Unbeknownst to most people outside the US’ Deep South, Anarchitex have roamed the post-punk musical landscape of Houston, Texas for nearly three decades. Their cantankerous barrage of noise and pithy politics still remain far under the radar of even the in-crowd. Hopefully, their new well-honed record Digital Dark Age on CIA Records will finally crown them alongside other regional veterans like the Hates, Mydolls, Hickoids, and Sons of Hercules as survivors and sonic entrepreneurs, though with a more caustic underbelly than all combined.
Part of their raw genius sprouts from their messy and motley history. At various times, band members have been involved in projects far and wide, including Really Red, who toured America during the salad days of hardcore punk alongside acts like Articles of Faith; the artful, murky, and weird Pain Teens that released records on Trance Syndicate (founded by the drummer of Butthole Surfers); and equally wonky Happy Fingers Institute, a former favorite of the infamous underground zine Flipside.
While many of their brethren have receded into the dustbins of history, Anarchitex prove that resilience and fortitude, maintained in the name of rebel art without pause, can keep bands braided together. They ooze with productivity when most people go gray and give up. Eying eternal themes like US imperial hegemony, they are the conscience of contemporary punk rock, when Hot Topic and Vans Warped Tours have buried the movement in mass commercial appeal and endless fetish for commodities.
On this outing, they sink their lyrical fangs into the modern information society, with its confusion, failings, and false freedoms. Attacking at sleek angles with cut-throat irony, their emboldened wit is modulated by singer John Reen Davis’s kitchen sink realist poetry meets Dada cut-up style. Such efforts commingle in ravaging wordplay. For instance, “Button on a Lapel” invokes anti-nostalgia (“I’m too old to skateboard / I’m too old to care”) underscored by urban haiku, offered from the perspective of an angst-ridden bus rider surrounded by blue haired women and old men with Vaseline eyes.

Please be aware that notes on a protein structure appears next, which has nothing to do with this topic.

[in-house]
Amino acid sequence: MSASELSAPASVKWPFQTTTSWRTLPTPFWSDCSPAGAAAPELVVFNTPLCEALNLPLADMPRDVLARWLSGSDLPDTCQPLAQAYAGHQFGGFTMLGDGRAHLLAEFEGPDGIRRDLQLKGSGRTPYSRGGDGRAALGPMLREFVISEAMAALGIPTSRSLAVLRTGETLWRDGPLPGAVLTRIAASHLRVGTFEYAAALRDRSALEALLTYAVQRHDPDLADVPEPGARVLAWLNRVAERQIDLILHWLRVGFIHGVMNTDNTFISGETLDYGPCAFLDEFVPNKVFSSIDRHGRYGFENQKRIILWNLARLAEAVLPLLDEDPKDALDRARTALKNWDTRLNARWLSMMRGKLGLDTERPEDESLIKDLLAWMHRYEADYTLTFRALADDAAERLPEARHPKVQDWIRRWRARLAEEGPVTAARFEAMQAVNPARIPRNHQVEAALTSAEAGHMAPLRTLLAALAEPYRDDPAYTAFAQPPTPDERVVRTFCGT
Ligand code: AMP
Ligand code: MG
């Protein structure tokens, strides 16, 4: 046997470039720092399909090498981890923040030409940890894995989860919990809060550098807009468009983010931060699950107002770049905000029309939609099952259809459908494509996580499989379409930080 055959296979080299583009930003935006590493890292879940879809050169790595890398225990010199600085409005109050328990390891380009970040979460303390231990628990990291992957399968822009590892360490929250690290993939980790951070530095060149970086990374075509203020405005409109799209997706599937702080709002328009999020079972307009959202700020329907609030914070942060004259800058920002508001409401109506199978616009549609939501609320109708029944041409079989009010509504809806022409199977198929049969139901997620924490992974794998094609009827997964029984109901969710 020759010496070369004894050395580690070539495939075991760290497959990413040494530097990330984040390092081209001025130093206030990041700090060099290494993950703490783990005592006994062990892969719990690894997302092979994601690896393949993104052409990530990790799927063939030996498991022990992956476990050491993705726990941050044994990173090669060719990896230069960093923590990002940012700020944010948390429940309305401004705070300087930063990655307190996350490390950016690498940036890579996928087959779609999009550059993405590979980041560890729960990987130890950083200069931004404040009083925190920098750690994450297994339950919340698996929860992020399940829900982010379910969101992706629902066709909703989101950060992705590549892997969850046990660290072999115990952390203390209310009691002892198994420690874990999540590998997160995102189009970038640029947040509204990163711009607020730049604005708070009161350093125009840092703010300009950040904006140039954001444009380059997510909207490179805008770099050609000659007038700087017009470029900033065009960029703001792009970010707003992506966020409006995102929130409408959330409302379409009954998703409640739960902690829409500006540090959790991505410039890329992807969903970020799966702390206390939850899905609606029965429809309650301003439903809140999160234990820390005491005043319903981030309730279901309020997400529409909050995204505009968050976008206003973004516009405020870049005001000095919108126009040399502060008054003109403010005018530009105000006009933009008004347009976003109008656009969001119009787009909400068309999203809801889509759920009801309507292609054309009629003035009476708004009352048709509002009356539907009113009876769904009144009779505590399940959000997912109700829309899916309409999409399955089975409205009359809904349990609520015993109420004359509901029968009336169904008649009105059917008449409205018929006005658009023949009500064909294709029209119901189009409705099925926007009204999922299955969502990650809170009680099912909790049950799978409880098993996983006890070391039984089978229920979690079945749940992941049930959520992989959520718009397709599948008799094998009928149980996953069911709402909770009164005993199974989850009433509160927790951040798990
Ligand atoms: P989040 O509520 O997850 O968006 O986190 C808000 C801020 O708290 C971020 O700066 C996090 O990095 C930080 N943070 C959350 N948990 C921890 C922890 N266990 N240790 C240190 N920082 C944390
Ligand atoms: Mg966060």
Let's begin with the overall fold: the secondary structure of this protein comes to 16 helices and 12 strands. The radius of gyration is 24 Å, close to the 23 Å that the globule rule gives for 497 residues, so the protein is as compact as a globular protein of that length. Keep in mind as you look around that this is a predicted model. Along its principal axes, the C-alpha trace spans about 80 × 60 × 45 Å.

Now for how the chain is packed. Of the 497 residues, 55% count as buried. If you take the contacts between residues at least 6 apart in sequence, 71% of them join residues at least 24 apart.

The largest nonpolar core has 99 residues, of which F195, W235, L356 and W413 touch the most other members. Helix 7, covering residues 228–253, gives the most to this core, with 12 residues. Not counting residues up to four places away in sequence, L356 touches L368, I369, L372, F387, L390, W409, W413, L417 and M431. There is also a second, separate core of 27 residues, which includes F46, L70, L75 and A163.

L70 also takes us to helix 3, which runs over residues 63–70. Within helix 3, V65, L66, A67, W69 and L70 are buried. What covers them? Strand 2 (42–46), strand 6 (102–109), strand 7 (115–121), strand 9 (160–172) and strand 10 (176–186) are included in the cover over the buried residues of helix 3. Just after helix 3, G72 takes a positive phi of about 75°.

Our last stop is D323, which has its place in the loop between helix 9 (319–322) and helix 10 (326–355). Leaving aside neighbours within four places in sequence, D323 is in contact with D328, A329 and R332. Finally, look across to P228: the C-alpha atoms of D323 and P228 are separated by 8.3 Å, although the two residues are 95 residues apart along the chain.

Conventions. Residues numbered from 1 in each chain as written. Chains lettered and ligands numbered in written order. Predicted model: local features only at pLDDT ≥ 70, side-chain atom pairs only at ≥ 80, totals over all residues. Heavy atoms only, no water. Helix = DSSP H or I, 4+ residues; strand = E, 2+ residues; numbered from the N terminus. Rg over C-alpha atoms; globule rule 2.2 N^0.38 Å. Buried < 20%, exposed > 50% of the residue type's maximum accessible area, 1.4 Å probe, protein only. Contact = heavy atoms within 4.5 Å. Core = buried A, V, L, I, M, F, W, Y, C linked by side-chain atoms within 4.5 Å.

In turn, the foreboding dark buzz of “Blank Wall” elicits a resemblance to former noise bands like Unsane, the post-hardcore of Washington, D.C. steeped bands like Monorchid and Circus Lupus, and the rosters of 1980s labels like Rough Trade, including bands such as Feedtime. The song eviscerates religion, martyrdom, war, and a future teeming with “99% of . . . people who do little more than take up space”. Both an ominous warning and acrid creed, it feels toxic in the ear.
“CaCa Convention” rails wholeheartedly against political and economic waywardness. With Midnight Oil-esque watery guitar licks and rhythmic rumbles, “Brother Can You Spare a Dime?” (sung by multi-instrumentalist and writer Torry Mercer) envisions trampled working-class heroes and ruined Yankee Doodle Dum innocence—the detritus of a collective American fantasy gone sour. Such sweeping visions mirror the sentiments of books written by Howard Zinn and John Dos Passos. Meanwhile, “Big Grey Boat” catalogs the invasions of Grenada, Nicaragua, and Lebanon, like bitter postcards from the dirge and pall of war zones.
In the band’s frame of reference, the tentacles of capitalism and war machinery go unchecked. History becomes a growing, unheeded list of atrocities. Still, despite the rancor and heavy-hitting judgments, the band does sneak in humor. “I Had a Science Fiction Childhood” is as looney and demented as a 1970s Ramones song. Mutants, electrodes, and matinee monster movies poke up in the narrative. Such outings may convey bleak, bastardized bubblegum punk, but the pop culture tour-de-force does feel lighter than most of the album’s anarchic bent.
“We Are More Intelligent” resembles the mid-paced Texas growl of the Big Boys at their early peak (minus the Boys’ off-kilter funk) and is chock-full of vehemence, howls, and aggression too. Such sloganeering might spit in the face of good-natured decency, but the band’s vitriol feels in league more or less with Lenny Bruce. They offer mock-violence cradled in language and wit.
Former enfant terrible Johnny Lydon might be a plastic facsimile of his former self, but these pasty men have not suffered such limelight and fate. They do not indulge in a radical rock ’n roll minstrel show, offer a sealed sound of 1982, or forge a sinister looking glass. Sure, they revisit punk worldviews with an untamed vengeance. They might be offbeat and left-wing, like book savvy boys in the newfangled, digitized reality, but their anger is inexhaustibly procreative. They are witnesses when most people are passive peons.
Casual listeners will decry the album as a loose-knit collection of bitter and demented harangues, or as no more than helter skelter explosive punk. Yet, a taut tunefulness does thrive in the landscape of their songs, like poetry stacked up against the mess-heap of the world. They wield their sentiments like a baton, with precision. Watch out for the arc of their swing.